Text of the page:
Environmentalism vs. the environment

Steven Miller

LAS VEGAS — The Lake Tahoe Basin — its residents are ceaselessly told — has suffered much environmental damage over the decades.

Rarely mentioned, however, is a remarkable fact: Much of the damage has actually been at the hands of the lake’s ostensible protectors.

While this reality is only occasionally acknowledged, it’s a critical part of basin history and needs to be known if the Tahoe environment is to flourish.

Take, for example, Lake Tahoe’s famed blue waters, their central importance to the basin, both economically and aesthetically — and the serious threat posed by those waters’ decades-long diminishing clarity.

That threat makes entirely believable the explanation that the Tahoe Regional Planning Agency has repeatedly advanced for the necessity of the 2012 Lake Tahoe Regional Plan Update.

As recently as Feb. 11, 2013, TRPA Director Joann Marchetta offered it in a news release. Responding to the latest Sierra Club lawsuit against the agency, she said:

Lake Tahoe’s health continues to be threatened by pollution from aging development… The framework created with the 1987 Regional Plan was focused on stopping runaway development and controlling the impacts of new construction. The strict rules were successful, but most development in the watershed pre-dates the 1987 plan. Neighborhoods and aging town centers continue to feed pollutants like fine sediment, phosphorus and nitrogen into Lake Tahoe, reducing the Lake’s famed clarity from 100 feet measured in the 1960s to an average of around 70 feet today.

This was no one-off statement. The TRPA director had also sounded the same note two years ago, during the 2011 Nevada Legislature:

The TRPA discovered in the late 1990s that acting only as a regulatory agency does not improve the lake or the environment of Tahoe, especially with fewer and fewer resources available to enforce complicated regulatory schemes. And we know now that doing nothing will not improve the lake or its environment, and in fact will lead to the continued degradation of the lake and our communities….

We can reclaim the famed clear blue waters of Lake Tahoe, while reducing the nearly 20 percent unemployment rate in our communities, not by building but by rebuilding. (Emphasis in the original.)

Implicit within these statements is a clear admission that the bi-state regimen of control imposed on the basin for over four decades  left in place for most of that time the most concentrated sources of the lake’s clarity problem.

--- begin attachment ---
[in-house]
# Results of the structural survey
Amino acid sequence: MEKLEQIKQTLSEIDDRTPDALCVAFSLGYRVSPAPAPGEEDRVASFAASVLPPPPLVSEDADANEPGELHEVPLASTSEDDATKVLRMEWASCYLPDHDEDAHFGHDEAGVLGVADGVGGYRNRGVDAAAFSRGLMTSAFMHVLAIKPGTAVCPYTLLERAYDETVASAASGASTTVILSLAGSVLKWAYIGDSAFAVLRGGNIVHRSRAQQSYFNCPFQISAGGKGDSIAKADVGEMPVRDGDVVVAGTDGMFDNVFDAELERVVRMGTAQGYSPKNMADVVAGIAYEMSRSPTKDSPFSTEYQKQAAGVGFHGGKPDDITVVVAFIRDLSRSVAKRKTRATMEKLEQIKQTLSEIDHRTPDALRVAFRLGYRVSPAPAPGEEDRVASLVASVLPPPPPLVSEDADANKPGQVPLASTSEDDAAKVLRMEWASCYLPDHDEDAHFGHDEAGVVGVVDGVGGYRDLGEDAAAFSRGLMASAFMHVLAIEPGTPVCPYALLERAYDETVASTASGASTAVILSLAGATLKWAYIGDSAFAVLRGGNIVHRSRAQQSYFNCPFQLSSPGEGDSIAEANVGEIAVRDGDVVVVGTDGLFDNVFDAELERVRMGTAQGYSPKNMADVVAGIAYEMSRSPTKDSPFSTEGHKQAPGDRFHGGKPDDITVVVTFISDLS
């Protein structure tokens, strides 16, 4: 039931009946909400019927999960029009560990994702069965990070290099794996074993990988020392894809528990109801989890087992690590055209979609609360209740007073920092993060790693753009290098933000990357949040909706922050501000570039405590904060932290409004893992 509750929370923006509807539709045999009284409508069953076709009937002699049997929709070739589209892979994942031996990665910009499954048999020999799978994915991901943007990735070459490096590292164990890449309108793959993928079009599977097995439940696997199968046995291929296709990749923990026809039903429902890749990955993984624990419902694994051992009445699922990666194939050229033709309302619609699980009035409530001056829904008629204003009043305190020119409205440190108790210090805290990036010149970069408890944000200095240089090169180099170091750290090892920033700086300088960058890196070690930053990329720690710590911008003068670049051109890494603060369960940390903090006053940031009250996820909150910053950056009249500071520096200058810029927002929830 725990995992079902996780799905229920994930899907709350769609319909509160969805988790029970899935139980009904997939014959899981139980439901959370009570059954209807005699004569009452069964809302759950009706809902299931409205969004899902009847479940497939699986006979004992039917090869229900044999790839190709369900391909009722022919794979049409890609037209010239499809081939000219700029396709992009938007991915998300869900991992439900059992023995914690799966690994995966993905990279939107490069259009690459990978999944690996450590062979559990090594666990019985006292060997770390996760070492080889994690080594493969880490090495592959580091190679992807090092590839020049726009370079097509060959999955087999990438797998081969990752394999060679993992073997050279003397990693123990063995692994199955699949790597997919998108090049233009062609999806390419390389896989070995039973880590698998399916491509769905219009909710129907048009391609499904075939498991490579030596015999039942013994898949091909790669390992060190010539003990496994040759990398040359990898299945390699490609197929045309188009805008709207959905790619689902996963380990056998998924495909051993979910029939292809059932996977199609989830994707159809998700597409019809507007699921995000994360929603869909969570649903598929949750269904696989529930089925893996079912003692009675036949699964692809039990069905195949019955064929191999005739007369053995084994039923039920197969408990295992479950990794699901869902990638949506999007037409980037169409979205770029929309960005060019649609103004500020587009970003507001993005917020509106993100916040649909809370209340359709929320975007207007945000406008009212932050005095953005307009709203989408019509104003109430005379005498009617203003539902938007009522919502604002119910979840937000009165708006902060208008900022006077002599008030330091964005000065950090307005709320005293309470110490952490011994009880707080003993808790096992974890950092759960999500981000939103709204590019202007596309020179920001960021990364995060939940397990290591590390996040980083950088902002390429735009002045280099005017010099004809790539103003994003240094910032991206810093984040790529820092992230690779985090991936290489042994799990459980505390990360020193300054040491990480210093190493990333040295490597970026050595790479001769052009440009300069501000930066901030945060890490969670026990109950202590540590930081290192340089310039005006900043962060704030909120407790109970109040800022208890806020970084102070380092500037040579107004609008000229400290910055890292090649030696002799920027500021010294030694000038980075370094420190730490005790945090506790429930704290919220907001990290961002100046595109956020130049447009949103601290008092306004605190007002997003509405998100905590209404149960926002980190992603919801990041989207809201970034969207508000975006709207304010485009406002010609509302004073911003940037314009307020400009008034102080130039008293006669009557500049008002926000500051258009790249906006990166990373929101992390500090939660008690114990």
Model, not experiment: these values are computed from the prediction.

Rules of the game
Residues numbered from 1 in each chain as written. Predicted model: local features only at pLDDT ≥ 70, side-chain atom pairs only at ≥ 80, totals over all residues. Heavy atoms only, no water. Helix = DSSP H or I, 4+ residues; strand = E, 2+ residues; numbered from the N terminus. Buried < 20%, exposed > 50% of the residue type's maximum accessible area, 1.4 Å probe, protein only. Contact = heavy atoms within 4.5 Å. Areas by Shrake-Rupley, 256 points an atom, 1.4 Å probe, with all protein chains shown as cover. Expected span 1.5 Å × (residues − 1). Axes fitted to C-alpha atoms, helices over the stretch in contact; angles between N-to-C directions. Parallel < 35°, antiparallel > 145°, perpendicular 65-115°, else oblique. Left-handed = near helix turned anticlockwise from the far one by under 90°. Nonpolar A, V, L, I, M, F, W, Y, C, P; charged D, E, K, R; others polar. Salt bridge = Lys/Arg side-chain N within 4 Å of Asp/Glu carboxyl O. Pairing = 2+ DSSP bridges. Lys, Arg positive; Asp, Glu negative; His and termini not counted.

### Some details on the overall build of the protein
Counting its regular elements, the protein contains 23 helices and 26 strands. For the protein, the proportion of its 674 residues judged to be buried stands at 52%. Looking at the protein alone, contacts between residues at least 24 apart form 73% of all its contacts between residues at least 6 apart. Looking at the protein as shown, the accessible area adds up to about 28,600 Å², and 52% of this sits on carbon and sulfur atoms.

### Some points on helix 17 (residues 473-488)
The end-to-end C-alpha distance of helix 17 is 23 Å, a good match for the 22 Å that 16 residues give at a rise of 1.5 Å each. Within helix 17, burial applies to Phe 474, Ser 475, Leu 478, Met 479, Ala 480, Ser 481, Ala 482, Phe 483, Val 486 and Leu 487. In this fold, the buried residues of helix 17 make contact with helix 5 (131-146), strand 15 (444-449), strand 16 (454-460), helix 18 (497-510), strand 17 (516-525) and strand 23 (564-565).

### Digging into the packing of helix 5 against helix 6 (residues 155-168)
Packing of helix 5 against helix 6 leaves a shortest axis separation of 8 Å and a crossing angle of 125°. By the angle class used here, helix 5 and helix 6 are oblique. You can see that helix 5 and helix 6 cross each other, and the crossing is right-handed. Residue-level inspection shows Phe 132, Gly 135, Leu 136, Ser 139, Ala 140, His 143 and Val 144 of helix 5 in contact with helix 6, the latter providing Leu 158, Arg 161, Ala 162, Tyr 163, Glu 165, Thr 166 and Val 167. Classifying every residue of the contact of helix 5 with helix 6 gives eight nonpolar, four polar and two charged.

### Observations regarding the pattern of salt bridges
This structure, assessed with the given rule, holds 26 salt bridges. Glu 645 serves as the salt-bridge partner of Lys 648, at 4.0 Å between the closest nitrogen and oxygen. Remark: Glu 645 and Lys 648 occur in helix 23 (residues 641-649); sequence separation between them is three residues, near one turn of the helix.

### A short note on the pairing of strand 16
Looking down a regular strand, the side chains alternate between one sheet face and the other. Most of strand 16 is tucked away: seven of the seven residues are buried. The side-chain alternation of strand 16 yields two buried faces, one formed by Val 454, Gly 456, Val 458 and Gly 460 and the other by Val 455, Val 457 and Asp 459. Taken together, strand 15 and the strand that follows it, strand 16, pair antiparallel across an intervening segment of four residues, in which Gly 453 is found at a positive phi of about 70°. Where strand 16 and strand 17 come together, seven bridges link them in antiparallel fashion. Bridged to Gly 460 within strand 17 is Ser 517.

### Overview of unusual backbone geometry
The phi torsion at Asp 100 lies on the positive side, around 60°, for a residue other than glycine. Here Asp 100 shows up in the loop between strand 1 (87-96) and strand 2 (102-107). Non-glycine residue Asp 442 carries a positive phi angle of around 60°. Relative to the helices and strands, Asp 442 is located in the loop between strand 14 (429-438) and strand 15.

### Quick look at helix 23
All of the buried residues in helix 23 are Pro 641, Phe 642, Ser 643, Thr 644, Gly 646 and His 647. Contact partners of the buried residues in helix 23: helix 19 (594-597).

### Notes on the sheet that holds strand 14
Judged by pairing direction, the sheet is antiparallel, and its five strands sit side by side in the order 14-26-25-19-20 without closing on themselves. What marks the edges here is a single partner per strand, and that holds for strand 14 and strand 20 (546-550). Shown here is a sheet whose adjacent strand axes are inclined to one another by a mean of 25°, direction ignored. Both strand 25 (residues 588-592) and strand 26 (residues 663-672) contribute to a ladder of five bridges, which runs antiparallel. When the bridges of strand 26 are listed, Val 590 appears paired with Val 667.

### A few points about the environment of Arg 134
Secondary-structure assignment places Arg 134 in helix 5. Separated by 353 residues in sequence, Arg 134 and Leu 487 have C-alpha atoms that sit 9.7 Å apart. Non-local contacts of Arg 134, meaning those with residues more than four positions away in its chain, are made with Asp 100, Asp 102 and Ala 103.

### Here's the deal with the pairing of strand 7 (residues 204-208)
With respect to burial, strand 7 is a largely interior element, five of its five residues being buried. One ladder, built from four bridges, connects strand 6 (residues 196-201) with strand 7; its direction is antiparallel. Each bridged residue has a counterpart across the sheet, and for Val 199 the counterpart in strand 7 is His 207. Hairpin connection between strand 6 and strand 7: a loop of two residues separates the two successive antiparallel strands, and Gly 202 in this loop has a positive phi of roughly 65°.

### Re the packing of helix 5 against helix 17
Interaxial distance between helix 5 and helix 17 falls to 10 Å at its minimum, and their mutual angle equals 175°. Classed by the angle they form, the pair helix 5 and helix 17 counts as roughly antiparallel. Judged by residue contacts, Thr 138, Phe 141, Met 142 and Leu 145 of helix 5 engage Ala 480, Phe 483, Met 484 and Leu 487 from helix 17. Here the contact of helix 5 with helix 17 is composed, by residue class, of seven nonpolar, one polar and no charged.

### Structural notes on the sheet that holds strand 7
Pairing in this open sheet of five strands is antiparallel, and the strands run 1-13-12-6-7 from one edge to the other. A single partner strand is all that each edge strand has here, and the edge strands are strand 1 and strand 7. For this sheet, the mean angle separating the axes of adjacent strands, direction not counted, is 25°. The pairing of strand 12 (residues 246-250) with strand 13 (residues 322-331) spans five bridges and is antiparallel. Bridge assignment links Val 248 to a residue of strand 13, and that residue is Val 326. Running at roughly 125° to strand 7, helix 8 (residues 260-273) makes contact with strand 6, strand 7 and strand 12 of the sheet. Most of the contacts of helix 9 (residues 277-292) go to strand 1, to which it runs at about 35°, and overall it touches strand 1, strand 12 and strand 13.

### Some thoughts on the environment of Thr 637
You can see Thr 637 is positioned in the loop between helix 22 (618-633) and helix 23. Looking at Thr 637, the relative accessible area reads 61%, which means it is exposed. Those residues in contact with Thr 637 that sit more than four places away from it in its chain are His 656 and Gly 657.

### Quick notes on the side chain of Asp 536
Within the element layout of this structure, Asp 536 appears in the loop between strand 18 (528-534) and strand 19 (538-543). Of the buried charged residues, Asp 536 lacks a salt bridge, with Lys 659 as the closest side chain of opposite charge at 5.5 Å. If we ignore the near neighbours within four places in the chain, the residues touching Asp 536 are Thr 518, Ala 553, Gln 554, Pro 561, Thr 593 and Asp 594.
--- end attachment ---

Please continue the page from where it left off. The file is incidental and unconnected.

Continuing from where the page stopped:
Yet it was that clarity issue — ballyhooed repeatedly throughout the ’60s, ’70s, ’80s and still today — that was primarily advanced to justify the Tahoe Compact’s controls.

So: If the issue was so important, why has it taken so long, practically speaking, for something to be accomplished on that front?

Marchetta’s account suggests one possible answer: that the 1987 TRPA Regional Plan essentially handcuffed regulators, preventing them from establishing effective incentive programs that would lead owners to upgrade their aging, offending properties.

Another possible answer — constant lawsuits from militant environmentalist organizations — gets to the same apparent root cause: A widespread, simplistic notion that any development in the basin must be bad is easily politicized, thus adding fear to the normal human component of indifference in politicians, appointees and bureaucrats.

Four-plus decades, however, still seems a very long time for the central problem of lake clarity to have always ended up on the sidelines.

It has never been a secret, after all, that, to stop the Tahoe basin’s 1950s and ’60s-era properties from continuing to cloud the lake’s water, those properties needed rebuilding.

Thus, long before the 1987 plan referenced by Marchetta — and even before the 1980 revisions to the California-Nevada bi-state Tahoe Compact imposed new restrictions on lake property owners — opponents of new restrictions were pointing out that, as proposed, the new rules would only ensure continuing environmental damage for the lake.

Illuminating evidence exists within the historical archive of TRPA legislation maintained online by the Nevada Legislative Counsel Bureau.

In 1979, the governors of California and Nevada — a young Jerry Brown and the late Mike O’Callaghan — were both harkening to environmentalist demands for more legal barriers to building at Lake Tahoe.

During the preceding decade, the League to Save Lake Tahoe and the Sierra Club had allied with different agencies of the State of California in multiple lawsuits that sought to legally define building, per se, as Tahoe’s problem, and also to have pre-existing Nevada gaming at the lake declared a common-law nuisance. 

After suffering multiple defeats in federal court — “the 1969 Compact is not the powerful antigrowth measure that some people would wish it to be,” said the Ninth Circuit, more than once  — the League and the California agencies settled on a solution: Change the bi-state compact.

Legislation to do just that took form in the consultations between Brown and Callaghan, and, during the 1979 Nevada Legislature, in Assembly Bill 503.

However, that bill’s basic premise — that construction, per se, was the basin’s problem — was challenged. Critics of the building restrictions already in place under the then-existing 1968 version of the bi-state compact, argued that construction restrictions were actually contributing to the continuing degradation of the lake’s water clarity.

The LCB’s compiled legislative history for AB 503 contains — badly reproduced — a copy of a mimeographed two-page flyer circulated at the lake by “The Council for Logic” and given to lawmakers during the 1979 session.

“So now we have regional government (appointed, not elected) instead of regional planning,” complain the South Lake Tahoe authors of the flyer. “What has it done for us? Prevented rebuilding of older blighted areas that down-grade our community either because of arbitrary land coverage restrictions or massive down-zoning.” (Emphasis added.)

Of course, the “Council for Logic” and others who shared its outlook were shouting into the wind. Official opinion within the California and Nevada political classes was — as always — quite confident of itself.